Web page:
Special Report

The States With the Strongest and Weakest Unions

Strongest Unions

10. Oregon
> Pct. of workers in unions:
14.8%
> Union workers: 234,577 (16th highest)
> 10-yr. change in union membership: 10.2% (13th highest)
> Unemployment rate: 4.8% (22nd highest)

Of Oregon’s 1.6 million workers, 14.8% are union members. Union membership declined in the majority of the most heavily-unionized states over the past decade, but this was not the case in Oregon, where membership increased by 10.2%. The outcome of a current ballot initiative may affect this figure in the near future. A Portland attorney has proposed a right-to-work initiative in the state, demanding that nonunion workers no longer be required to pay union fees. The initiative is slated to be voted on this November.

9. Michigan
> Pct. of workers in unions:
15.2%
> Union workers: 621,952 (5th highest)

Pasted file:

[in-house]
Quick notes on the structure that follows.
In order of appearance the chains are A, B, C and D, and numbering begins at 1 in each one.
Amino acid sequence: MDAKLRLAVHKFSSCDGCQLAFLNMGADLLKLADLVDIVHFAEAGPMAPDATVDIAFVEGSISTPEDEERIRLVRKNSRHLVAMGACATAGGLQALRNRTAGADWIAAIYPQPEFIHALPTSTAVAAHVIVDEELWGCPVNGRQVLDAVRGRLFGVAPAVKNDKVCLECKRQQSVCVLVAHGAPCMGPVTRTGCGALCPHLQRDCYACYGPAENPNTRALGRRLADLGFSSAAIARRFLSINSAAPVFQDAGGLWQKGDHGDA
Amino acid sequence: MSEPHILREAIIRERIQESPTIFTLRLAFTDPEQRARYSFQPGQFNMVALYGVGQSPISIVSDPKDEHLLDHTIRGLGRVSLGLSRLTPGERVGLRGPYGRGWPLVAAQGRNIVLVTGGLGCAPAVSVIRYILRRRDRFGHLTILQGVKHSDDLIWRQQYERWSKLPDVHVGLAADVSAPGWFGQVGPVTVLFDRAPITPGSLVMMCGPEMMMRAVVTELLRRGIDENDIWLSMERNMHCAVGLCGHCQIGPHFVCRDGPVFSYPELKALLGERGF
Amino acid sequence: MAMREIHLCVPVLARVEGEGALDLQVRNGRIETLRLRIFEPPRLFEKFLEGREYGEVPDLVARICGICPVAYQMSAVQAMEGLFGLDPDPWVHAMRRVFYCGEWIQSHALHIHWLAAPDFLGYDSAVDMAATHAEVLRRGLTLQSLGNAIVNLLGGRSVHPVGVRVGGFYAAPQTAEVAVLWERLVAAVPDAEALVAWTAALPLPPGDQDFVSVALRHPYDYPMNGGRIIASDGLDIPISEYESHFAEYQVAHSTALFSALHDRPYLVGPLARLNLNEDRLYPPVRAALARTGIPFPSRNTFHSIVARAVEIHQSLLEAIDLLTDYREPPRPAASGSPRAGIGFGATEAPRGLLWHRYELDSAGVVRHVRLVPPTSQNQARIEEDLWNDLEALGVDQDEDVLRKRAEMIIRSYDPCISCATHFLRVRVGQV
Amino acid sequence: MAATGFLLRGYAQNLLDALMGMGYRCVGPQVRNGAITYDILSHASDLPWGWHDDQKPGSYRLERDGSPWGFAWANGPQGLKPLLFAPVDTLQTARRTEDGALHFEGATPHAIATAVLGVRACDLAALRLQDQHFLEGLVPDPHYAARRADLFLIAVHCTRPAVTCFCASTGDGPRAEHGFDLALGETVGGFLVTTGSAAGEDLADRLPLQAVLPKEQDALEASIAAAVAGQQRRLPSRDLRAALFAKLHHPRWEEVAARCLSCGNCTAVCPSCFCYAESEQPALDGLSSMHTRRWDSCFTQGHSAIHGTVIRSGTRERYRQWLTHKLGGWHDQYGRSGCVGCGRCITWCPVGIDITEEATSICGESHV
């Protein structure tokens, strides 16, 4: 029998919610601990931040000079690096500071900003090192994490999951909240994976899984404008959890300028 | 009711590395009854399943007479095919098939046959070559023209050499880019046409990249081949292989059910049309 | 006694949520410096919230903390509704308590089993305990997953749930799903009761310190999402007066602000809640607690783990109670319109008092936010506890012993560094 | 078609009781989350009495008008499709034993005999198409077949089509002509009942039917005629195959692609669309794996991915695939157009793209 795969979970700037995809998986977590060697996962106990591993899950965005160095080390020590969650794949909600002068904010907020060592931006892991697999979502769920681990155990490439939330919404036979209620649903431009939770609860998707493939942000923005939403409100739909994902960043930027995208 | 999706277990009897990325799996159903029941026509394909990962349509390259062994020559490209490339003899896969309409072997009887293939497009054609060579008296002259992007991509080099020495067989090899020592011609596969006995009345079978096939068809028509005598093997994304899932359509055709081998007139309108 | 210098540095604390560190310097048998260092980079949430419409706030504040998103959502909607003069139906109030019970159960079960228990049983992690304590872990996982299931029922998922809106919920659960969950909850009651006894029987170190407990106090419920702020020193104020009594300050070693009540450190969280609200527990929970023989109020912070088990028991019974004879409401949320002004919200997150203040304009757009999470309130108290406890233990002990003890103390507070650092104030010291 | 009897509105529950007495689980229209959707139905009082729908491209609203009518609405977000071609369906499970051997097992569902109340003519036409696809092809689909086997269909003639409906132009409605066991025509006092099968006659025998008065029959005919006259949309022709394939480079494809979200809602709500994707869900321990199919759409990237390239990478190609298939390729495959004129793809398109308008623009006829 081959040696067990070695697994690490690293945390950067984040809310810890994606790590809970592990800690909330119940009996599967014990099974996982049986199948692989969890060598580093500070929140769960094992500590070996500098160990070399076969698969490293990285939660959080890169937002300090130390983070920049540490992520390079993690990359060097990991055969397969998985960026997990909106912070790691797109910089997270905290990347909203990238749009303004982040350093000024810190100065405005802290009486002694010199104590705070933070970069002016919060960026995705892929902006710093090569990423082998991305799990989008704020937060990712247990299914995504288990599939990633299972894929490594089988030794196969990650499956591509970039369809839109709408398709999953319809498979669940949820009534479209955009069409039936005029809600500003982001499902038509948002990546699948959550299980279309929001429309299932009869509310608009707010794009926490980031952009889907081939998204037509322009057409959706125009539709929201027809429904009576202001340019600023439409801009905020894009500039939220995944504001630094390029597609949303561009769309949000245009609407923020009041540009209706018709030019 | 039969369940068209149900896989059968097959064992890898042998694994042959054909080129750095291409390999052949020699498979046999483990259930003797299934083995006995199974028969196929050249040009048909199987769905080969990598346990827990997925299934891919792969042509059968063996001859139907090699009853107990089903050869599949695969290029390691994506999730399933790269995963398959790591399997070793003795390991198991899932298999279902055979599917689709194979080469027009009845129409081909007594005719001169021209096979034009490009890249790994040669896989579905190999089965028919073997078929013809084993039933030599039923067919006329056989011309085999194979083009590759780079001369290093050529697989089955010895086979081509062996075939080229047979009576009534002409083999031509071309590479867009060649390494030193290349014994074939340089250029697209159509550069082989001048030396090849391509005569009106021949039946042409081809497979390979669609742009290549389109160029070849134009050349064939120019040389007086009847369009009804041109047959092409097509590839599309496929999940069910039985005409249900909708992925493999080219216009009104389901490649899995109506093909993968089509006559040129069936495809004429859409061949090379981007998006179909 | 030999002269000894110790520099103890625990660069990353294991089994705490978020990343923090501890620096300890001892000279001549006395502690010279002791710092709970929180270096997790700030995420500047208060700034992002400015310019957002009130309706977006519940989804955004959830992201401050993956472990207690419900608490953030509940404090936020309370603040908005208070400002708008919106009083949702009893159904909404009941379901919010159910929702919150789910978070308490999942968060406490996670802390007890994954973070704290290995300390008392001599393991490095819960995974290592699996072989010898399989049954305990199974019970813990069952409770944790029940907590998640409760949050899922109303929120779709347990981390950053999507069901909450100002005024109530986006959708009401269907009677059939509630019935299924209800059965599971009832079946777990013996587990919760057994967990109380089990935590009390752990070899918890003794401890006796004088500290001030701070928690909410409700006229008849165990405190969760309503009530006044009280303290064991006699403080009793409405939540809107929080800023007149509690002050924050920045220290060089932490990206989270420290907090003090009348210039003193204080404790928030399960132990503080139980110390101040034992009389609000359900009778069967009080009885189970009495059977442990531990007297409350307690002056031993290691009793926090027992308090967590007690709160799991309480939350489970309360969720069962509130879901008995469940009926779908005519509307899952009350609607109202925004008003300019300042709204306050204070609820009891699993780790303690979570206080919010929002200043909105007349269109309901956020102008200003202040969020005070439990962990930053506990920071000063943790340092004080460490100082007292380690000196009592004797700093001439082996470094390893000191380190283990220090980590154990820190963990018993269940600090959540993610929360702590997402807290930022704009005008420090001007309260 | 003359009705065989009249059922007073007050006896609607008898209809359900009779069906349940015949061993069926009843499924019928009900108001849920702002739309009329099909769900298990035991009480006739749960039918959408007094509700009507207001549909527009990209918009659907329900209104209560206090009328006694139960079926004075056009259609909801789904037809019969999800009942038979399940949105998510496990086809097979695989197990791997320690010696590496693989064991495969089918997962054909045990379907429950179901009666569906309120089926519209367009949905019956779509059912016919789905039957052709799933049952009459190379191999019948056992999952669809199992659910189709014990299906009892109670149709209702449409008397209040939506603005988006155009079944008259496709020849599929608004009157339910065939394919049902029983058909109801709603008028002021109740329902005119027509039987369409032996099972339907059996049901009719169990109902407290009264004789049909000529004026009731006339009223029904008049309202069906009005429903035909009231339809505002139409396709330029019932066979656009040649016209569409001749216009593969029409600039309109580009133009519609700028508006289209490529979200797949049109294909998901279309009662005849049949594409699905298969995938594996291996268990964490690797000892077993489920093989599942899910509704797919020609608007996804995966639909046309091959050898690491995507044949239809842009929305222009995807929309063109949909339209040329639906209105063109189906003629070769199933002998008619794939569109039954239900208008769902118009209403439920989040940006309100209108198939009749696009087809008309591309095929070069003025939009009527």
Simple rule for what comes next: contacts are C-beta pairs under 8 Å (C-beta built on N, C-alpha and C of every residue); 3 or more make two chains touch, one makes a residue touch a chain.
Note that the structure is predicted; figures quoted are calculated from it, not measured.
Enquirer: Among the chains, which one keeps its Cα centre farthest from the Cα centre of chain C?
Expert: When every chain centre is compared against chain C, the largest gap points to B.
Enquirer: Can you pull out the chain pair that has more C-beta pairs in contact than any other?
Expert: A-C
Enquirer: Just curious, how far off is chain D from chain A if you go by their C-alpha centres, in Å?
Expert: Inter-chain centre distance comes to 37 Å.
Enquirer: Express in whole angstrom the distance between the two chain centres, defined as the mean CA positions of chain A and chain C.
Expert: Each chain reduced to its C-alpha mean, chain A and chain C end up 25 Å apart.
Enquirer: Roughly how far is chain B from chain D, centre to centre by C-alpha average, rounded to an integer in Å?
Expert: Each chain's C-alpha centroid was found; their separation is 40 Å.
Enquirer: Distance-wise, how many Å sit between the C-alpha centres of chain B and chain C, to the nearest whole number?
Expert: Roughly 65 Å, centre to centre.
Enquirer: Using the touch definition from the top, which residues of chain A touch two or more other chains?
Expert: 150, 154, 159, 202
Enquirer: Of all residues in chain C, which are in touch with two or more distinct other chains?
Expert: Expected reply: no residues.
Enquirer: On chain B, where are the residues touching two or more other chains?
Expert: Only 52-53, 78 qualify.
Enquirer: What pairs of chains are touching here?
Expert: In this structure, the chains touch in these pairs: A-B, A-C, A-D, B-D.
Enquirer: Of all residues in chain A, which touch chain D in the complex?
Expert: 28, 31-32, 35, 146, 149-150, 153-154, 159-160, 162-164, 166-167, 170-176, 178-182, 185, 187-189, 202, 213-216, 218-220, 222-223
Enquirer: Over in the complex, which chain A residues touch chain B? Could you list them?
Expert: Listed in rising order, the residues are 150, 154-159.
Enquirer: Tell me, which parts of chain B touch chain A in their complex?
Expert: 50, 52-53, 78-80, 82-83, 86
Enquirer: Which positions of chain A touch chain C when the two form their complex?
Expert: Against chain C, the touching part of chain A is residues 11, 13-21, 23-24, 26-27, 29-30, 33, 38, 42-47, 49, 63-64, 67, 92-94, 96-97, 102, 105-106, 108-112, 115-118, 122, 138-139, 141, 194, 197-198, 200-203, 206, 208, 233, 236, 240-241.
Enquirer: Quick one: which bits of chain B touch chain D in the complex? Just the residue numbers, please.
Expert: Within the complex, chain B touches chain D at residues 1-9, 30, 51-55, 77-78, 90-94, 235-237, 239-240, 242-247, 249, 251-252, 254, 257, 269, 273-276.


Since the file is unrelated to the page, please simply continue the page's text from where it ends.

> 10-yr. change in union membership: -29.3% (2nd lowest)
> Unemployment rate: 4.8% (22nd highest)

Alongside the manufacturing sector decline over the past several decades in Michigan, union membership took a hit as well, down nearly 30% over the 10 years. Still, Michigan remains one of the nation’s strongholds for both manufacturing jobs and manufacturing unions. Of the state’s 815,800 private sector manufacturing workers, 18% are union members, the third highest proportion of any state. Michigan remains one of the largest auto manufacturing states in the country, and a large share of these workers are likely part of the United Auto Workers (UAW) union. The UAW has more than 400,000 members across the country.

8. Illinois
> Pct. of workers in unions:
15.2%
> Union workers: 846,984 (3rd highest)
> 10-yr. change in union membership: -8.6% (17th lowest)
> Unemployment rate: 6.4% (4th highest)

Illinois is home to one of the largest unionized workforces in the country, trailing only California and New York. Union workers comprise 15.2% of the state’s labor force. Though the state’s share of unionized workers is one of the highest in the country, it is a far cry from 1993, when 21.0% of the workforce was unionized, the largest share in Illinois’ history. Compared to 2005, there are roughly 80,000 fewer unionized workers in Illinois today. Despite the drop in the overall union membership, the number of unionized public sector employees actually increased from 370,464 in 2005 to 383,251 today. All of the decline was in the private sector.